Home > Elements, General Health, Immunology, Vitamins > Note to flu-phobes: Vitamin D is your friend

Note to flu-phobes: Vitamin D is your friend

With the advent of the dreaded(?) H1N1 virus, Vitamin D is popping up in the news again as a hot-topic flu-fighter (see this article). Ever the sceptic, my first question (after “Really?”) was “How exactly?”

As it turns out, the vitamin in question is purportedly not your average vitamin. It’s a secosteroid (a steroid where one of the bonds has been broken). Most other vitamins aren’t, and so the behaviour is a bit different. According to one article:

[Vitamin D] is the only known precursor of a potent steroid hormone, calcitriol, or activated vitamin D. Most other vitamins are antioxidants or co-factors in enzyme reactions. Activated vitamin D – like all steroid hormones – damasks the genome, turning protein production on and off, as your body requires. That is, vitamin D regulates genetic expression in hundreds of tissues throughout your body. This means it has as many potential mechanisms of action as genes it damasks.

So how do we manage to get more of this wonderful substance– typically known as ‘that vitamin you get from the sun’ into our system in dreary ol’ November? Well, as always, there’s the pill popping idea which I have never been a great fan of. Memories of squirting ‘liquid sunshine’ down my poor unsuspecting daughter’s throat for months on end after she was born did little to alleviate that. So the challenge is to find it in foods, but which ones.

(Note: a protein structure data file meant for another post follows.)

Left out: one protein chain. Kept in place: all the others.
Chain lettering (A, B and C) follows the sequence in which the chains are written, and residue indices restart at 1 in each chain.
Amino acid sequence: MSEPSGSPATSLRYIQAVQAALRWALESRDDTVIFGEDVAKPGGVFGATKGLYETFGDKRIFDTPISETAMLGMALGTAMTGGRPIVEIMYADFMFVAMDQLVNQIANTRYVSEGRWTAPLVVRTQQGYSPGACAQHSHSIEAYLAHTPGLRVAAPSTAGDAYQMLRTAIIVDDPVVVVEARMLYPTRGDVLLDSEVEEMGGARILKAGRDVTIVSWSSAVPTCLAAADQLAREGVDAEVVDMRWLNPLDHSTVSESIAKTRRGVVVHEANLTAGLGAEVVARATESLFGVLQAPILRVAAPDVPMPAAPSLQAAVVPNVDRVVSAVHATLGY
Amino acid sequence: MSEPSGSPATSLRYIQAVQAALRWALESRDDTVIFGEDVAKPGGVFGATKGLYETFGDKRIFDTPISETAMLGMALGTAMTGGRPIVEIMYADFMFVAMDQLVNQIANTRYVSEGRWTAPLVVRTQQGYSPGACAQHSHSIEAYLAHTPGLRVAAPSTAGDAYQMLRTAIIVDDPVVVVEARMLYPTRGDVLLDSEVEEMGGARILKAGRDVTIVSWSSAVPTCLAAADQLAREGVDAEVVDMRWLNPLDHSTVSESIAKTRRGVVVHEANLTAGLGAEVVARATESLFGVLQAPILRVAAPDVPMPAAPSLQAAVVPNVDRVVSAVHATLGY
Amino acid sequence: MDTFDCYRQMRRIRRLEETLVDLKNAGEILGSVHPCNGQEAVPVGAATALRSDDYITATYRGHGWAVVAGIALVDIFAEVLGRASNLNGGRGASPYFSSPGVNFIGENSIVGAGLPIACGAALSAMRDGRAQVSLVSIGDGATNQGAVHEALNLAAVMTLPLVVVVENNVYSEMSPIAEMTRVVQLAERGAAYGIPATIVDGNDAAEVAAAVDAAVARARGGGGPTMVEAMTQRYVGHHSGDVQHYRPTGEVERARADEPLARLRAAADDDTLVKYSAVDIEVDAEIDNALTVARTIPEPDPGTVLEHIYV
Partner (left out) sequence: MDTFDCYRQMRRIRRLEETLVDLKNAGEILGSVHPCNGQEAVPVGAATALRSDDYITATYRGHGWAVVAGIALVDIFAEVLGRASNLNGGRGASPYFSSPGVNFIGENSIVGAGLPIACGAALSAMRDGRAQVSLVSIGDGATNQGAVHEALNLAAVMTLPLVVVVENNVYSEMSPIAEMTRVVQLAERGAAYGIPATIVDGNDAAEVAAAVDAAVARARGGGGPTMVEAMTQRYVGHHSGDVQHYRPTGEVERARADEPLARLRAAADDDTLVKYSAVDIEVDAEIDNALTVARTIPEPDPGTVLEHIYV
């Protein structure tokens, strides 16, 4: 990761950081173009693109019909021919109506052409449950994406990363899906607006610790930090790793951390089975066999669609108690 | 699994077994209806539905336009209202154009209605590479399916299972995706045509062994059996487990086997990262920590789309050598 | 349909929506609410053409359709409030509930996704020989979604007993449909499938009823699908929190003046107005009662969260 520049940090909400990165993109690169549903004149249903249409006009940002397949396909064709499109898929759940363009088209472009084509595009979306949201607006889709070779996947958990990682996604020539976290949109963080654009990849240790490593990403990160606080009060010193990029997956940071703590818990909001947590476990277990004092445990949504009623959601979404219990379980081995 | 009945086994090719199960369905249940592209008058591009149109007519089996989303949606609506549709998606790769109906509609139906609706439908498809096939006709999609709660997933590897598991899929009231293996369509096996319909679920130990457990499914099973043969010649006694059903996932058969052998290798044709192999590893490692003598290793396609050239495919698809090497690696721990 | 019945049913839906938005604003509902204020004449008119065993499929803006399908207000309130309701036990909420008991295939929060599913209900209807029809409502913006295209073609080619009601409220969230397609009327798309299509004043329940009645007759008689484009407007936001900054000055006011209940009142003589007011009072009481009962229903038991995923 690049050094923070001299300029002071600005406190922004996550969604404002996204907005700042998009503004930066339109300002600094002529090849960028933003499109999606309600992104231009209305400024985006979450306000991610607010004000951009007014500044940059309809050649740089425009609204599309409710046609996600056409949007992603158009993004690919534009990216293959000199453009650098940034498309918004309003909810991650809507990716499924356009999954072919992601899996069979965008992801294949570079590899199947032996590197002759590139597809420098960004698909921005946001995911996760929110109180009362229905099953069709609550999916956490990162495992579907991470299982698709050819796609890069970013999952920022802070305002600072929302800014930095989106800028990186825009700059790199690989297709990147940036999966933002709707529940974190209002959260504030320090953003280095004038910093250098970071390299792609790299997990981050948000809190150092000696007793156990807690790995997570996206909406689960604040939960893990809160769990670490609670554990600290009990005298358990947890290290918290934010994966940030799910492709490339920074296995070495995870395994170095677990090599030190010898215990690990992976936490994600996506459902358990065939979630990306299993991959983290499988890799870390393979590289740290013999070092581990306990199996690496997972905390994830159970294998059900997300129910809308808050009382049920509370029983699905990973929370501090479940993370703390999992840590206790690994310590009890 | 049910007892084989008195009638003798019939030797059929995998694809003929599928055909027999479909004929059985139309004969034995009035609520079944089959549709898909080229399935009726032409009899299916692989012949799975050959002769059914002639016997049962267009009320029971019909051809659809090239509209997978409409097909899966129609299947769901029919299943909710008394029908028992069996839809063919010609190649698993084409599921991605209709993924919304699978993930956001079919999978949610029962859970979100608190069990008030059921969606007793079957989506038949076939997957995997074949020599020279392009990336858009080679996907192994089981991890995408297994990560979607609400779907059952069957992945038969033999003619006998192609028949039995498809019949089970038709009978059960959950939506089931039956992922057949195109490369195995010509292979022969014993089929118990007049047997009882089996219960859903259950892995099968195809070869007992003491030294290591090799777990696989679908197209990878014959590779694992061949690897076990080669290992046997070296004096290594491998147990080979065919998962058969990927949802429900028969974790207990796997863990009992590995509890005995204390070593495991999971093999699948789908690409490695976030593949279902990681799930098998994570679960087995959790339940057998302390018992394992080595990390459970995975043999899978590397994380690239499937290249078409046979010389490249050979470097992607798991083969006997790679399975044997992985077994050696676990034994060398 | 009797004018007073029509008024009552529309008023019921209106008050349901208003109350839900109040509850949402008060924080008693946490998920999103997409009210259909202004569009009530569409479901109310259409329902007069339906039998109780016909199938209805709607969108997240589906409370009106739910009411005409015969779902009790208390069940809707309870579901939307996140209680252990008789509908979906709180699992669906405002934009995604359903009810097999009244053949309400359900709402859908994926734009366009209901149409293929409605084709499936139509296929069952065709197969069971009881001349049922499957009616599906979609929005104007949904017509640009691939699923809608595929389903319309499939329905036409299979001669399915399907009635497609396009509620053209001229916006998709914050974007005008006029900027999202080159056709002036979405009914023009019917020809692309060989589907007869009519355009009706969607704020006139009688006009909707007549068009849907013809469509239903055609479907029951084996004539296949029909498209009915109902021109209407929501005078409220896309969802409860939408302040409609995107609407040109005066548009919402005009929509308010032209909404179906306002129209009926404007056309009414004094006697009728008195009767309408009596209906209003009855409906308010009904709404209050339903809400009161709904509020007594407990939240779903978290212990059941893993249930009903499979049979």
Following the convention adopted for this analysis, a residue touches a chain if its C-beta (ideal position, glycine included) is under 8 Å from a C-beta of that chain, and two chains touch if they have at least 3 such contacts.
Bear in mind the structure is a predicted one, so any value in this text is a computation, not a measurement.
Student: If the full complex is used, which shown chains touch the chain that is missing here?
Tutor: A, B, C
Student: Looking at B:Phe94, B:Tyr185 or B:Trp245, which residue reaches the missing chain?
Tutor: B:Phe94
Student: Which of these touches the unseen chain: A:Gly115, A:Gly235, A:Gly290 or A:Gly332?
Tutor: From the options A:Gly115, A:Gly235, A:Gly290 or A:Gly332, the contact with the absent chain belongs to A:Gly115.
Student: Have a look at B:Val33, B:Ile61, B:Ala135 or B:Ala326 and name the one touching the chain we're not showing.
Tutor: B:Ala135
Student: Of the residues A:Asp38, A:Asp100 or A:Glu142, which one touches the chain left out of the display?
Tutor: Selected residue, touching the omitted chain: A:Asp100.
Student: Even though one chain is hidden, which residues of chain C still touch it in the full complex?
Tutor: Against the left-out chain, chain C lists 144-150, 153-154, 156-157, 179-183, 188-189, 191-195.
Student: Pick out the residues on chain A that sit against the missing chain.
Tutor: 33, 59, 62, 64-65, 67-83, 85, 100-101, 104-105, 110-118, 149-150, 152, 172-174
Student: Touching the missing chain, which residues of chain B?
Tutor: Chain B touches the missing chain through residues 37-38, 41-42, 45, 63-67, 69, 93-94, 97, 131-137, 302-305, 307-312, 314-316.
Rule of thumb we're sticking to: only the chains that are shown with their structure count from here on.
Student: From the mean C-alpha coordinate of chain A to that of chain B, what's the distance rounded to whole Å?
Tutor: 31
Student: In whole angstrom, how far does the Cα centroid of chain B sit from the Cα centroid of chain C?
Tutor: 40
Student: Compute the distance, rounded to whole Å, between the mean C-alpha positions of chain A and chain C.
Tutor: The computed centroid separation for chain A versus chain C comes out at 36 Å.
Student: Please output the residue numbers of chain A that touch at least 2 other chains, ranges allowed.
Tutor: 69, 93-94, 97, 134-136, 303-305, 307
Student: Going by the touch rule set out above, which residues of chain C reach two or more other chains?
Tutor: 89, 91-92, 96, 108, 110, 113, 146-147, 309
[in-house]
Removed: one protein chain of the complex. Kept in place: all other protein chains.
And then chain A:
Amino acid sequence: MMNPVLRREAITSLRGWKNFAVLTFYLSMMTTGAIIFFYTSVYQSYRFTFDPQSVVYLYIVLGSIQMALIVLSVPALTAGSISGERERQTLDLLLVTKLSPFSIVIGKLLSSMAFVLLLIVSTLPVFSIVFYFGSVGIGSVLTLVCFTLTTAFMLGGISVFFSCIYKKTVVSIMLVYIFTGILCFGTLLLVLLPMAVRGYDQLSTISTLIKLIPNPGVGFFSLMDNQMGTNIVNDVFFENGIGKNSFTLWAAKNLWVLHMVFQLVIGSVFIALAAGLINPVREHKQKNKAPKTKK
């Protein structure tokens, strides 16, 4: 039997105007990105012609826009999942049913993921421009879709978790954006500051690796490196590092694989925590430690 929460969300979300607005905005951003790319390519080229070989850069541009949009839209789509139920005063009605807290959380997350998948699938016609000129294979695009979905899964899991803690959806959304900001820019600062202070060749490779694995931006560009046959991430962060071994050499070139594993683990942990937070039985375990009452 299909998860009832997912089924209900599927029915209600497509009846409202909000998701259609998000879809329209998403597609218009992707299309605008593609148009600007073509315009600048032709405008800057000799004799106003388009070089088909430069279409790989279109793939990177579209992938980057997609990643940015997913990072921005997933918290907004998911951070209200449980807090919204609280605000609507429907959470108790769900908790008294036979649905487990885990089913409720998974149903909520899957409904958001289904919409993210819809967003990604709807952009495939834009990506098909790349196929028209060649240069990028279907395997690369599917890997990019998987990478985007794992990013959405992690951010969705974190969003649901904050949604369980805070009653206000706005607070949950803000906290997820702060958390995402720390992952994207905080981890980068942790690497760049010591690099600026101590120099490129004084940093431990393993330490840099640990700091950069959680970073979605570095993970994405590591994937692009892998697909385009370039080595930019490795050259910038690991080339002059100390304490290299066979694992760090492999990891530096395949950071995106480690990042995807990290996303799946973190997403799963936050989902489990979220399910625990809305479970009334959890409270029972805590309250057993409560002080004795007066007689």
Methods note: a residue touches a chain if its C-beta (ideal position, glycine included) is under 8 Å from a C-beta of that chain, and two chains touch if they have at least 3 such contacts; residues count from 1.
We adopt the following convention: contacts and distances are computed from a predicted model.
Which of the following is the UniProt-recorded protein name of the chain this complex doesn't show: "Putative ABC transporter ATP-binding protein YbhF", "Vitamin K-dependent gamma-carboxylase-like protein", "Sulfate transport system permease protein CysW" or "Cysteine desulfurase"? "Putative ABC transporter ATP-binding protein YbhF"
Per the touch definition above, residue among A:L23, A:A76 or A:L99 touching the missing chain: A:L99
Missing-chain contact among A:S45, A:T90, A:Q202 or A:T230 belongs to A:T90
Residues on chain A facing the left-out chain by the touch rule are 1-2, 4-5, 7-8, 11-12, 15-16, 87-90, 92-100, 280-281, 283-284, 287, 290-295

Of course, as is no suprise to my inner-cynic, the usual suspects for the ever-shouted sources of Omega 3 also gets shout-outs for Vitamin D of various forms. Fish oils get big points for being harbingers of Vitamin D, as do whole eggs. Also on the list is Beef Liver and UV-irradiated mushrooms(?!) apparently dish out some amount of Vitamin D2. As an added bonus, many products in the industrialized world are now fortified with Vitamin D2, including Milk, Bread and Cereals. A glass of good old Canadian moo-juice, for example, will give you a refreshing 100IU of Vitamin D (and a moustache, if you’re lucky).

Guesses put the daily intake of your average American at 100IU, so putting some emphasis on upping that value a bit will likely show some benefit without too much though.

That’s probably not going to get you all the way to peak Vitamin D levels though, according to some recent studies. Indications there are that 5,000 IU in physiological (regular daily) doses of the stuff in adults might increase incidents of the flu (twice that for ever 25lbs in children). Might.  They are also suggesting that the decrease in seasonal sunlight in the winter months (and thus the decrease in Vitamin D intake by non-hermit-humans) may be at least partially responsible for the seasonal nature of the flu.

There’s a lot of reading out there on the topic, but what I’m taking from it is that a little more can’t hurt. I have no intention of going stir-crazy with the stuff. As for miracle cures for the flu, I’ll stick with pho ga as my reigning champion on that front for now.

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